The economic liberalization of India, along with significant social development in Kerala, have led to an increasing number of qualified, yet unemployed youth in the state. This competitive environment has been particularly difficult for youth from lower castes, as they are affected by discrimination that limits their access to private sector work opportunities. Although the government has implemented a caste reservation system, where government jobs are reserved for lower castes, these jobs are themselves stigmatized and offer limited prospects.
In response to these challenges, the Government of Kerala developed the Centre for Research and Education for Social Transformation (CREST) as an autonomous organization in 2008. CREST is situated in the city of Calicut, also known as Kozhikode, which is the third largest city in Kerala. As stated on its website, CREST’s “mission is to help the marginalized and the underprivileged gain confidence, build competence and achieve excellence in all spheres of human endeavour, for their social, cultural and economic development through education, training, research, and consulting” (CREST, 2015).
During the summer of 2015, we, six undergraduate anthropology students, went to Kerala to intern at CREST’s Post Graduate Certificate Course for Professional development. Each course runs for five months and caters for between 3040 students from SC (Scheduled Castes), and ST (Scheduled Tribes) communities. Students who attend the program already have at least an undergraduate degree, yet seek additional skills and personal development in order to enter the competitive job market or an institution of higher education. The goal of the course is for students to become more confident speaking in English and engaging with others, especially in a professional setting. Besides partaking in activities alongside the students, we spent time teaching lessons and engaging students outside of CREST’s formal curriculum. However, we are all confident that this was a dialogical exchange, where we learned just as much about the students as they learned from us.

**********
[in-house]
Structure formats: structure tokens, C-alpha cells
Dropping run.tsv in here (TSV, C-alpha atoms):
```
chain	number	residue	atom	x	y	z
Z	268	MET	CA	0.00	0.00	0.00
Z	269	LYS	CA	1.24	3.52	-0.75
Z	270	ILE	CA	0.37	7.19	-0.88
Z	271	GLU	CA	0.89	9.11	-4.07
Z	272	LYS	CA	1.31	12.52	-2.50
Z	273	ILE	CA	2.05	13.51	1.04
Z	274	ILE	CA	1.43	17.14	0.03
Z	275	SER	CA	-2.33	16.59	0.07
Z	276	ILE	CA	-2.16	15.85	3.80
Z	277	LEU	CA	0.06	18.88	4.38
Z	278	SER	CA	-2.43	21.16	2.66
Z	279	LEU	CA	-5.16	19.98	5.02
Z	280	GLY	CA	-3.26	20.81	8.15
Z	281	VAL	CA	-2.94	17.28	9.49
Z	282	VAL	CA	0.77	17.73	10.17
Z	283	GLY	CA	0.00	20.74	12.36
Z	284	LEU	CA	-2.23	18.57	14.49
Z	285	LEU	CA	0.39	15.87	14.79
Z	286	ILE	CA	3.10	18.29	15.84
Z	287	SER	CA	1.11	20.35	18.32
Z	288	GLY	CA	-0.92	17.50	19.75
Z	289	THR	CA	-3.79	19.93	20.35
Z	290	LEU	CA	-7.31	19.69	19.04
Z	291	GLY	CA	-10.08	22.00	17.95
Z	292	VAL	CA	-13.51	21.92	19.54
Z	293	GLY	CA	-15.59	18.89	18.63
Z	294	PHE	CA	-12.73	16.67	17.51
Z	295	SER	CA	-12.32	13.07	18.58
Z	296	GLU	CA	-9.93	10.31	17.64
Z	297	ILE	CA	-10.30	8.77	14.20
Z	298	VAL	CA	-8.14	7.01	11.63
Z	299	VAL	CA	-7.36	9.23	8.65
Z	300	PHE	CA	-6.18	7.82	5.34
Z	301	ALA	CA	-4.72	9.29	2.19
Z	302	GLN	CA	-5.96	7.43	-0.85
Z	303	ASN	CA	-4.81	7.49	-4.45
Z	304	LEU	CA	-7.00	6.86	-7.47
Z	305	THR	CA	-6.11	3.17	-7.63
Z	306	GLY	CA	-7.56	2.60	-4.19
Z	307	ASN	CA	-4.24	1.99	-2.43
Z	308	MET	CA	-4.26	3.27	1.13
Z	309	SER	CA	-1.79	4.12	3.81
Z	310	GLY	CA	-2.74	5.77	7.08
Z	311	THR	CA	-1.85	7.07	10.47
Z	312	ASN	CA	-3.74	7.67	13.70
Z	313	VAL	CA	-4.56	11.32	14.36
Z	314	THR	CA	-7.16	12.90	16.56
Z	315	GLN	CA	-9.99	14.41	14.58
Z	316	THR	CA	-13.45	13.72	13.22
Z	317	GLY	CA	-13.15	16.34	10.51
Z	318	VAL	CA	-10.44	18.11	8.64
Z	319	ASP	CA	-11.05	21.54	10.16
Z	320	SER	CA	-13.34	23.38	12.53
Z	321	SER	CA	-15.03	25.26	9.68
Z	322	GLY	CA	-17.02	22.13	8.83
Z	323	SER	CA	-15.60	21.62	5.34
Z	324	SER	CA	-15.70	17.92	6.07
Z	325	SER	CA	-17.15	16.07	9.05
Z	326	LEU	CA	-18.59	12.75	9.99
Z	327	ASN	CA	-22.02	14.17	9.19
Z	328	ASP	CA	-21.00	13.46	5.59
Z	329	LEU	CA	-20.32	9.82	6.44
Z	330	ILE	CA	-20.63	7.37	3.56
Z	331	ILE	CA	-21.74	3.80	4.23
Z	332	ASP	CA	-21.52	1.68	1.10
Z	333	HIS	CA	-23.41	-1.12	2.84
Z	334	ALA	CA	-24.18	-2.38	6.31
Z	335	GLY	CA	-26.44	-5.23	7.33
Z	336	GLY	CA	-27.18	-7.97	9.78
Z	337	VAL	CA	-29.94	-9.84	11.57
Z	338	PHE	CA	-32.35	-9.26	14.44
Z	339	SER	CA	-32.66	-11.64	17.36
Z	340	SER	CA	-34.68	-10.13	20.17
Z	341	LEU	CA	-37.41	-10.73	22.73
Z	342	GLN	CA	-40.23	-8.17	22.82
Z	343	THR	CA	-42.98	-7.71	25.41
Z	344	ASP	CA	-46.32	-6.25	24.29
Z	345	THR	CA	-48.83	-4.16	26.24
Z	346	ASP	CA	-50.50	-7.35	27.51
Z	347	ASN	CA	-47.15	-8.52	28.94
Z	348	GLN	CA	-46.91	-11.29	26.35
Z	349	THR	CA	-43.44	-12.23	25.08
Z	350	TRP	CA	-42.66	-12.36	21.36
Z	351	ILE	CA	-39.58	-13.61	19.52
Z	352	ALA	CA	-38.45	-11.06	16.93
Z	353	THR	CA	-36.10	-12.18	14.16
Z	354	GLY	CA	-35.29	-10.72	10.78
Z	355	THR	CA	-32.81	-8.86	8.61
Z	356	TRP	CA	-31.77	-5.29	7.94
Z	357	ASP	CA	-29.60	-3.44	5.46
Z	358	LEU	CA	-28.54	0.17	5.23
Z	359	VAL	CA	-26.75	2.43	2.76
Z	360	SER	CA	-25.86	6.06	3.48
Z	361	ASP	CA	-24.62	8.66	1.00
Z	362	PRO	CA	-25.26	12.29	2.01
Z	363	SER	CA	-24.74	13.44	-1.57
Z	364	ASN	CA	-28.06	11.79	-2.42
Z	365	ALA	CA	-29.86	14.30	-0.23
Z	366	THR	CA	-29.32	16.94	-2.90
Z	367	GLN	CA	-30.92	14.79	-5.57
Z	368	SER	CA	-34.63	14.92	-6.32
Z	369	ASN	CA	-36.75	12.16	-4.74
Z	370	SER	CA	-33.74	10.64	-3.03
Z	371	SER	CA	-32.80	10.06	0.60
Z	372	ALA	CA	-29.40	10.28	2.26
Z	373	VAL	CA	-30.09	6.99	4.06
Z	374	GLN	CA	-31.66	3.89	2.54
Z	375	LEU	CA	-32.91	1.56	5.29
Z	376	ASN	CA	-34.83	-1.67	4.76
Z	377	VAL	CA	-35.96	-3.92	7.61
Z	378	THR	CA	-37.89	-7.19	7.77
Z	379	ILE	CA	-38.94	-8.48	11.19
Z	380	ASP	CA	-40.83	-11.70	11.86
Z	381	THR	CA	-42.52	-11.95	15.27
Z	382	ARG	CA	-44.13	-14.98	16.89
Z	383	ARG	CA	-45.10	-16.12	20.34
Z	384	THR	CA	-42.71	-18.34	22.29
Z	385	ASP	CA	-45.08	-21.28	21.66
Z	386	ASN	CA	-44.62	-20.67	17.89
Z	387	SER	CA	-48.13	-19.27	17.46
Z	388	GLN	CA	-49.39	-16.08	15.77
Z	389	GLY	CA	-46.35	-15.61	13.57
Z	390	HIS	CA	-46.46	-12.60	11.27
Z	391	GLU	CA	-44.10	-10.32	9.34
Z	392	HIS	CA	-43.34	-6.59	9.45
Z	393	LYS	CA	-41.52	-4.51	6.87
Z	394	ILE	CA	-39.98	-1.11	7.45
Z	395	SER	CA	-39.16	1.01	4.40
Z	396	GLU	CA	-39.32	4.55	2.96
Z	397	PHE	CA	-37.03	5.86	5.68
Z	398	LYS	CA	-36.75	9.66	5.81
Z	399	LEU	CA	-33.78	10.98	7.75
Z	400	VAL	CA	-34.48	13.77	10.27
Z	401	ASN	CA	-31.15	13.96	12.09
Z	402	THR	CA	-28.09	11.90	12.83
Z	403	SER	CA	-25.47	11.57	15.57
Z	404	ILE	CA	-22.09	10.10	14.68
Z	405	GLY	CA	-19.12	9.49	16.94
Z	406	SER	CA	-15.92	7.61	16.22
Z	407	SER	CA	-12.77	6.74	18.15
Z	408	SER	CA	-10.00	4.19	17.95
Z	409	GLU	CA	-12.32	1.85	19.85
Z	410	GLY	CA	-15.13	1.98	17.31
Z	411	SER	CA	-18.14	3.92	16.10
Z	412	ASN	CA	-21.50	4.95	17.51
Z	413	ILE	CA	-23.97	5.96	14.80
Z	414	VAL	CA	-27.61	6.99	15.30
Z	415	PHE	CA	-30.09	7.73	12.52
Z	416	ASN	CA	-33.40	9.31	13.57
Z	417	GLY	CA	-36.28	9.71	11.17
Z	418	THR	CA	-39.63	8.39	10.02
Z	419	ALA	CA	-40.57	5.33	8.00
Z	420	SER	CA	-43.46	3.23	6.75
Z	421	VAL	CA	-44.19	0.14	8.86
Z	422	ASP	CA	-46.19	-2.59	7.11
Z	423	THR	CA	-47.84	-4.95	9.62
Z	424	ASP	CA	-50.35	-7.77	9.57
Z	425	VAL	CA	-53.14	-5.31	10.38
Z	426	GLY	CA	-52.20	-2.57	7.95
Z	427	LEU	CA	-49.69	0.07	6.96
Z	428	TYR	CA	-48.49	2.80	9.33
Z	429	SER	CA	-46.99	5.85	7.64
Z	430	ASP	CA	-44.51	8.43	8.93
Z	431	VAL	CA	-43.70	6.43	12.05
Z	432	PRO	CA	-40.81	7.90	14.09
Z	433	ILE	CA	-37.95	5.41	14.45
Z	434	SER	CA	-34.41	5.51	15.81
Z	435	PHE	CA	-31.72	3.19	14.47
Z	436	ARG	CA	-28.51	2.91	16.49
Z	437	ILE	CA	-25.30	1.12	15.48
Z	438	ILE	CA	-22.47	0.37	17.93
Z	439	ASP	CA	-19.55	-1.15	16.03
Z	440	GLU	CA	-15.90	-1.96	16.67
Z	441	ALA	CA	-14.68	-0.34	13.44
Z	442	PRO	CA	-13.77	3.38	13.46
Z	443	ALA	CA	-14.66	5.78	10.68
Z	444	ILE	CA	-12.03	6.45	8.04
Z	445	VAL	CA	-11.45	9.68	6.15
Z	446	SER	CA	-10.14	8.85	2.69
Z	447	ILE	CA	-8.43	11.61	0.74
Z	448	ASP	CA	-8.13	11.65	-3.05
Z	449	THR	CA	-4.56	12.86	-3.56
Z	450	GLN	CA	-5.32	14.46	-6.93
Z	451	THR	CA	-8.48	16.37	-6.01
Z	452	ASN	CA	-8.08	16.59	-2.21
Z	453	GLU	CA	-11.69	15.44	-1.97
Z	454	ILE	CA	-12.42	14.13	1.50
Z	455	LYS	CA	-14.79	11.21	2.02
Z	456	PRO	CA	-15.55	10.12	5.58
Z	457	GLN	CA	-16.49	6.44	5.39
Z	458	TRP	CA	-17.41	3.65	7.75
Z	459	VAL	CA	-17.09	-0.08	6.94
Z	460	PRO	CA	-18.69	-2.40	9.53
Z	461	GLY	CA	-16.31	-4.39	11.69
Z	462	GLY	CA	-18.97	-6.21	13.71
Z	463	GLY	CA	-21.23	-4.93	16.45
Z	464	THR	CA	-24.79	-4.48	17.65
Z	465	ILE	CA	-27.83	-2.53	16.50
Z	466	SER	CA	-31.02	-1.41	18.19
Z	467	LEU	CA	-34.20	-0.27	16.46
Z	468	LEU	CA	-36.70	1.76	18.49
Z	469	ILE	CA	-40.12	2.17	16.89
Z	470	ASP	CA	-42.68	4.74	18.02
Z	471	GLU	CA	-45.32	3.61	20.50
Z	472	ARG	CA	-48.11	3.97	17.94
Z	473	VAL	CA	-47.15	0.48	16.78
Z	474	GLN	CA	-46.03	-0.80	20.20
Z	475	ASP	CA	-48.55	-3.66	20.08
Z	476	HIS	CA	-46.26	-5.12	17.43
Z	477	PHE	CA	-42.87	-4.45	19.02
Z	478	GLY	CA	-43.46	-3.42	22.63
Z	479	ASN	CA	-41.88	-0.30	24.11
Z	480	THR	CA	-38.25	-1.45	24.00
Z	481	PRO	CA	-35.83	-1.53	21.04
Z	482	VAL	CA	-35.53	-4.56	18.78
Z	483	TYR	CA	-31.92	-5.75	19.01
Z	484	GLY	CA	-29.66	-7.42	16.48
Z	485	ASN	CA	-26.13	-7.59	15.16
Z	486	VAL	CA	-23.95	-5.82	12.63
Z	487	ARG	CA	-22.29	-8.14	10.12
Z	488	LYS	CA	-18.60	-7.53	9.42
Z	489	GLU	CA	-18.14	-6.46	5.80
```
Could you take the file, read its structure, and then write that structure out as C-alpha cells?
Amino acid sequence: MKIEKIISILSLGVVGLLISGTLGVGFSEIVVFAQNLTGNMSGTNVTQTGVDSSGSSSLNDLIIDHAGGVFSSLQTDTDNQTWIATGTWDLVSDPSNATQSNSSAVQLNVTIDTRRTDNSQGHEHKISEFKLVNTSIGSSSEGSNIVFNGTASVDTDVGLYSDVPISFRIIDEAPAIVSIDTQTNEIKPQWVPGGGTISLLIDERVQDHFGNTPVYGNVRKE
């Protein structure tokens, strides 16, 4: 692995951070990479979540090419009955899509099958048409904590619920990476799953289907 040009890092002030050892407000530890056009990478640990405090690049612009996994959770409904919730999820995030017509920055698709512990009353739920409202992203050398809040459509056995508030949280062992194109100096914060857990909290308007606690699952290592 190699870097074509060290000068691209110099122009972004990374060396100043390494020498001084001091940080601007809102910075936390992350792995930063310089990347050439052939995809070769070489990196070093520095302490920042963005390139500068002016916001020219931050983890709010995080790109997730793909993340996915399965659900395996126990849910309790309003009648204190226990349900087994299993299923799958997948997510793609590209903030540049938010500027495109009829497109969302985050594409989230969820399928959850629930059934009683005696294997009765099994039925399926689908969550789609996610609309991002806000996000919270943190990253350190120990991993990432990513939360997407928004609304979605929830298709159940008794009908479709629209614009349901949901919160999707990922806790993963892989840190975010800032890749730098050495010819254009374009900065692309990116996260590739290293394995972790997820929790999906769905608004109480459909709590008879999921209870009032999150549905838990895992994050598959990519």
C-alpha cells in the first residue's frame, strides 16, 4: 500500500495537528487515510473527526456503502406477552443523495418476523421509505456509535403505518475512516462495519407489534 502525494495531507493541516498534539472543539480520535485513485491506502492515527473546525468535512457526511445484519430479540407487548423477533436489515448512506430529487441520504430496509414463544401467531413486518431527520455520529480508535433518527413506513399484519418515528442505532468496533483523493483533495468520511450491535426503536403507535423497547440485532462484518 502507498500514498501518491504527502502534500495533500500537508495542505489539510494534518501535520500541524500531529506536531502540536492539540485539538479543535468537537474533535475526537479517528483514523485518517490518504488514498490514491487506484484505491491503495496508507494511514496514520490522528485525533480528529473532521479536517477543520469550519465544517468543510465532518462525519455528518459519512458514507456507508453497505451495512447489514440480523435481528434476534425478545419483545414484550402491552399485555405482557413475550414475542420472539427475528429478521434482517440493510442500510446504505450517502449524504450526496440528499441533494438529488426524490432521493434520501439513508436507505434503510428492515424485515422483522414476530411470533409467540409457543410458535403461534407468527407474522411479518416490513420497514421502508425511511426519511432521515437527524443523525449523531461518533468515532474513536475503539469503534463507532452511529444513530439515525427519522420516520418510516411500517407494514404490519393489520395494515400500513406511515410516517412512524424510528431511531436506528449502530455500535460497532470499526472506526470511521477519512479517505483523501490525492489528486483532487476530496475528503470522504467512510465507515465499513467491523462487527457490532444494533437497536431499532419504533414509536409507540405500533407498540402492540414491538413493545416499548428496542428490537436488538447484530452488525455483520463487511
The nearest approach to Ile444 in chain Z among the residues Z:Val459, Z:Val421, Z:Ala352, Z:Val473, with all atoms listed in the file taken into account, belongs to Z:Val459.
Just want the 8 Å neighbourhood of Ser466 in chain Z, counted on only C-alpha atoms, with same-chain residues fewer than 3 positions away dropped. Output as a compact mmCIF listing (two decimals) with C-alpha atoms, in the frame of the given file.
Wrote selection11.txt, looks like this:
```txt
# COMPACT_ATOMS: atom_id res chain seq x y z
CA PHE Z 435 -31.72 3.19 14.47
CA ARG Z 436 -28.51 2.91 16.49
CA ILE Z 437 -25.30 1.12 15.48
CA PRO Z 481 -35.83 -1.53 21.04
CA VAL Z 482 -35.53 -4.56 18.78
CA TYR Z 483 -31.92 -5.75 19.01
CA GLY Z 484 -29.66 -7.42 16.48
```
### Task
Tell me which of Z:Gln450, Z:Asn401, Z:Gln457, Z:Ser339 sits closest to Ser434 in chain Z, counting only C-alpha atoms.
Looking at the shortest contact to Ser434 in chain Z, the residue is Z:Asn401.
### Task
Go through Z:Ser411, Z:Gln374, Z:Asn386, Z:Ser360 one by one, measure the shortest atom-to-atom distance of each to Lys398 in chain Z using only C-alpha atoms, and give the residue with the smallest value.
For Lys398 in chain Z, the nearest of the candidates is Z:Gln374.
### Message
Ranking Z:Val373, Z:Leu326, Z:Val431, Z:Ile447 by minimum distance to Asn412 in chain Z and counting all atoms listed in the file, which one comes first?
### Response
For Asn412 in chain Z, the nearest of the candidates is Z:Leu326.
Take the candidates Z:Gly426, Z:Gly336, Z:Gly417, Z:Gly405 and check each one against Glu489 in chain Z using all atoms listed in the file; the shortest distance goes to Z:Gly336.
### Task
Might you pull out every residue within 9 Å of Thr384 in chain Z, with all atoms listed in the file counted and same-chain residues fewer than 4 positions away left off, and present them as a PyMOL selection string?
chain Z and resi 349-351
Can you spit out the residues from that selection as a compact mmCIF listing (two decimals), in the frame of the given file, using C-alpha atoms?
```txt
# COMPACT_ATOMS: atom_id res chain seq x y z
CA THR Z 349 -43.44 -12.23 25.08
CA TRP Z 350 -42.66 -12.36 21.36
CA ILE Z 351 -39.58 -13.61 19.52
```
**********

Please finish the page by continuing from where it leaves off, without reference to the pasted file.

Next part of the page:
Sara, Shannon, Sydney, and Sam spent eight weeks in Kerala from April to June, working with the 23rd batch of students, along with CREST’s program for younger boys in 8th to 10th standard. Alison and Alice arrived after, spending eight weeks in Kerala from June to August with the 24th batch.
We are extremely grateful for the incredible friendships we built while at CREST, and for the opportunity to engage with the students on such a thoughtful and personal level.
Sydney, Shannon, Sara, and Sam, Alice & Alison